253 years (Hartford Courant), 205 years (New Haven Register), 166 years (Dispatch-Argus), 149 years (Sedalia Democrat), 130 years (Hearst), 130 years (Eau Claire Press Company), 127 years (Lee Enterprises), 127 years (Ogden Media), 80 years (Calkins Media) …
In the beleaguered newspaper business, the acquisition activity in June for regional and community newspapers was robust, you might even say it was booming. Seven separate transactions were announced in the newspaper segment, each with multiple titles being sold, as compared to the five transactions that we recorded in the segment for the entire five previous months. (I’m excluding the offer for the Chicago Sun-Times announced in May by Tronc, owner of the Chicago Tribune. The Sun-Times is a major metro newspaper, in a different category than the recently sold papers. In any event, that deal appears to be in jeopardy from either an anti-trust objection or Gannett’s recent bid to acquire Tronc).
There is a sea change going on in the business of publishing local and regional newspapers. Once the domain of family owners, local newspapers spawned families that often became the most prominent (and locally powerful) force in a village, town, small city or region. Those local and regional newpapers are increasingly being sold off to one of the select group of large national chains that still believe they can obtain value from a local newspaper’s ability to reach a specific local community with original content, as well as sell advertising to the businesses that want to serve those readers.
To survive the declining ad revenues and readership, newspapers have reduced page counts, reduced run lengths, reduced the number of days a paper is published, and have even reduced page size. All of this means there are fewer impressions to print on those cranky old newspaper presses co-located downtown with the newsrooms. The reduced press time that is required to print the shorter runs, the skipped publication days, fewer and smaller pages- all are factors that combine with the compelling need to rationalize backroom and overhead expenses. Owners of local papers are seeking buyers that can spread expenses over more publications.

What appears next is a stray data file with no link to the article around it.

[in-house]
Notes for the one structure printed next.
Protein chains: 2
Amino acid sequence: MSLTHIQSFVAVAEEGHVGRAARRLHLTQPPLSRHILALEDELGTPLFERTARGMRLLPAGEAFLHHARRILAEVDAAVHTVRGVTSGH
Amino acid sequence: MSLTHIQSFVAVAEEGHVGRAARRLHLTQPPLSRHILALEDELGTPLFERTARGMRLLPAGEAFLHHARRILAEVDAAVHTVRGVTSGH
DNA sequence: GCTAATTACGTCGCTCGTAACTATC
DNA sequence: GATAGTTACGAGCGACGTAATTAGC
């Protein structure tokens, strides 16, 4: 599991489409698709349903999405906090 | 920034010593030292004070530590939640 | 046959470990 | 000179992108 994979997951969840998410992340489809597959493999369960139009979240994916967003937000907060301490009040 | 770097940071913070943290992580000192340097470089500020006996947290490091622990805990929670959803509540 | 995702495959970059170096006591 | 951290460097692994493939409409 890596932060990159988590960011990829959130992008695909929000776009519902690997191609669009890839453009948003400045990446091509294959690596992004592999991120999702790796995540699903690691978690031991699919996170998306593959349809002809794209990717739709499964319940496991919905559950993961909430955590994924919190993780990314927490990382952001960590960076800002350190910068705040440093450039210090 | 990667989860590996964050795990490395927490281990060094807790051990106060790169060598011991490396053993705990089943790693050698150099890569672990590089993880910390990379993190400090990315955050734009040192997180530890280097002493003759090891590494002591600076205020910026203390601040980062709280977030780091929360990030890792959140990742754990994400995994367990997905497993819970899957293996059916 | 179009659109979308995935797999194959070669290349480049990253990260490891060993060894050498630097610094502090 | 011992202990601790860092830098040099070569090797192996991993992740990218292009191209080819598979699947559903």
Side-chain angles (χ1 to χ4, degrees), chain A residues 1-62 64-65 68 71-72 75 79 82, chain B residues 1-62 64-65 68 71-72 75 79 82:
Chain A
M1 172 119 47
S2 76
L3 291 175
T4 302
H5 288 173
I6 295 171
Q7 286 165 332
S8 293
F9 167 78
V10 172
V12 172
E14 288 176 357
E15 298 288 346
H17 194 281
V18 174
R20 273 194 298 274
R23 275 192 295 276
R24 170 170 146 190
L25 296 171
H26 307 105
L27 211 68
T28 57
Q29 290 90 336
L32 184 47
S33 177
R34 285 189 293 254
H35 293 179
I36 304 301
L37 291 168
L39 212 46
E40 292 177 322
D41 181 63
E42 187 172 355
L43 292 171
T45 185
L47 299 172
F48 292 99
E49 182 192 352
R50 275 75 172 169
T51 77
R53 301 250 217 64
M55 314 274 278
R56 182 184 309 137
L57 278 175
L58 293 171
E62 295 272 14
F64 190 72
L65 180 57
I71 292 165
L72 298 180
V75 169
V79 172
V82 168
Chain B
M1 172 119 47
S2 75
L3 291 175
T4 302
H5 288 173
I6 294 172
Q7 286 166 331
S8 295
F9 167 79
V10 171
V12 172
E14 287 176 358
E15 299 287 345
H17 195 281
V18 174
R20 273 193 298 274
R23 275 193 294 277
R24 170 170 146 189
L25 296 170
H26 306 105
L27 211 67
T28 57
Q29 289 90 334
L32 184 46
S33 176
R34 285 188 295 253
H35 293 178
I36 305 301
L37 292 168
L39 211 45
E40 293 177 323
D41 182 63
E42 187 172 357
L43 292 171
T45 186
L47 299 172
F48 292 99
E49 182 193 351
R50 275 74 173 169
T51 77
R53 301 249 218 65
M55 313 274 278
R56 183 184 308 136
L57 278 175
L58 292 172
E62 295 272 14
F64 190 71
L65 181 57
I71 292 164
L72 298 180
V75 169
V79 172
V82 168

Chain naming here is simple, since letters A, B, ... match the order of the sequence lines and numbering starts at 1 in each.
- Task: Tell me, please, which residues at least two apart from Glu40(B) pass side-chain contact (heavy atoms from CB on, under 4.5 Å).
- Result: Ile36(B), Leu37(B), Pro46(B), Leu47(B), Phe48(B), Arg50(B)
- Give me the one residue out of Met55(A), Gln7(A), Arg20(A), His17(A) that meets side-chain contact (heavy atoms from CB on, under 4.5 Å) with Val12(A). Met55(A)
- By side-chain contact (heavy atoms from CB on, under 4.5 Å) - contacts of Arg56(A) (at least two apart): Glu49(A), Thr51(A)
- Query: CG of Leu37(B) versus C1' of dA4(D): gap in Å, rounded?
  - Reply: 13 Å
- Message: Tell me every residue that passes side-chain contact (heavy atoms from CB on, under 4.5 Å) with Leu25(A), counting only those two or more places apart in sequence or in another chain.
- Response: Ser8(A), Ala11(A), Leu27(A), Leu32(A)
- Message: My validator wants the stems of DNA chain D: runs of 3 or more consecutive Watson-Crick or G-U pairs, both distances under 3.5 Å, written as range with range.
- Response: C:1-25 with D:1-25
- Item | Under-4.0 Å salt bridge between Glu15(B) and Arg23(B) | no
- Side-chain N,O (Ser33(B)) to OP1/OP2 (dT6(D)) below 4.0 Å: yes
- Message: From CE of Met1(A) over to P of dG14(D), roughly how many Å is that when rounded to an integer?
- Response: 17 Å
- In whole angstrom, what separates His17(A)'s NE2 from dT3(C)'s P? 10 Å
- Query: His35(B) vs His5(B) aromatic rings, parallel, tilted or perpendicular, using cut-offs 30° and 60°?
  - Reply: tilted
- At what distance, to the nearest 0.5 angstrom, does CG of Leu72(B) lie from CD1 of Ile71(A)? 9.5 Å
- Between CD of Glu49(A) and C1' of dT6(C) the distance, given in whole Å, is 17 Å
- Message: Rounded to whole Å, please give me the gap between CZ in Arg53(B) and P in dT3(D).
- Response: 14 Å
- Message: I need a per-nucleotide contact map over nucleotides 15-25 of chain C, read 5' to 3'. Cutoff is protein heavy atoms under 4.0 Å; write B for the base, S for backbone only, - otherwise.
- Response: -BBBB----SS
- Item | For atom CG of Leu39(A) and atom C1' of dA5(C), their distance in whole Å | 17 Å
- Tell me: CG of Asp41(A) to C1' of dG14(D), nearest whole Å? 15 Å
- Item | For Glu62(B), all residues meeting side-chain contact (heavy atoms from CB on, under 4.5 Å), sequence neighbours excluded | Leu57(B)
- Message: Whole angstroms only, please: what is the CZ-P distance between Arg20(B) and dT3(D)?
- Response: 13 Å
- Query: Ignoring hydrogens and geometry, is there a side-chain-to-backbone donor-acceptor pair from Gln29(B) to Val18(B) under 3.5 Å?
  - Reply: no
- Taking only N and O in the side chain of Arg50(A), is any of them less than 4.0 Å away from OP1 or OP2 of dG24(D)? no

Factor in the ability of newer, faster, far more efficient presses to be made ready and run, and the stage has been set to centralize print production in regional, rather than local, printing facilities. There is another bonus for closing small-town newspaper print operations in towns where the downtown is revitalized; that old brick building housing that aged clunker press has more value renovated as condos or offices for the Millennials seeking a downtown lifestyle.
Lee Enterprises, a public company based in Davenport, Iowa, and a large national consolidator with 46 daily papers and close to 300 specialty publications, operates across 21 states from Washington State to South Carolina. Close to its home base, Lee acquired the Dispatch-Argus of Moline/Rock Island, which serves the Western Illinois region. The seller was the Small Newspaper Group, a reference to the Small family (and not that the company was comprised of small-town newspapers). The Small family acquired the paper from the Potter family in 1986, who in turn acquired the paper in 1882 from Colonel J.B Danforth who acquired the paper two years after its founding in 1851. One of the earliest writers for a Lee Enterprise paper was Samuel Langhorne Clemens who wrote travel stories and later became famous as the author Mark Twain.
New Media Investment Group (aka Gatehouse Media) now owns 130 dailies, 650 community publications, in 555 local markets, each market with its own website, across 36 states. In mid-June, New Media announced the acquisition of four dailies from family-owned publishing company Calkins Media. The titles sold covered regions in Pennsylvania and southern New Jersey. New Media Investment Group stated that the purchase of the Calkins’ titles fell within its target range for acquired titles, with a purchase price multiple in the range between 3.5 to 4.5 times adjusted EBITDA.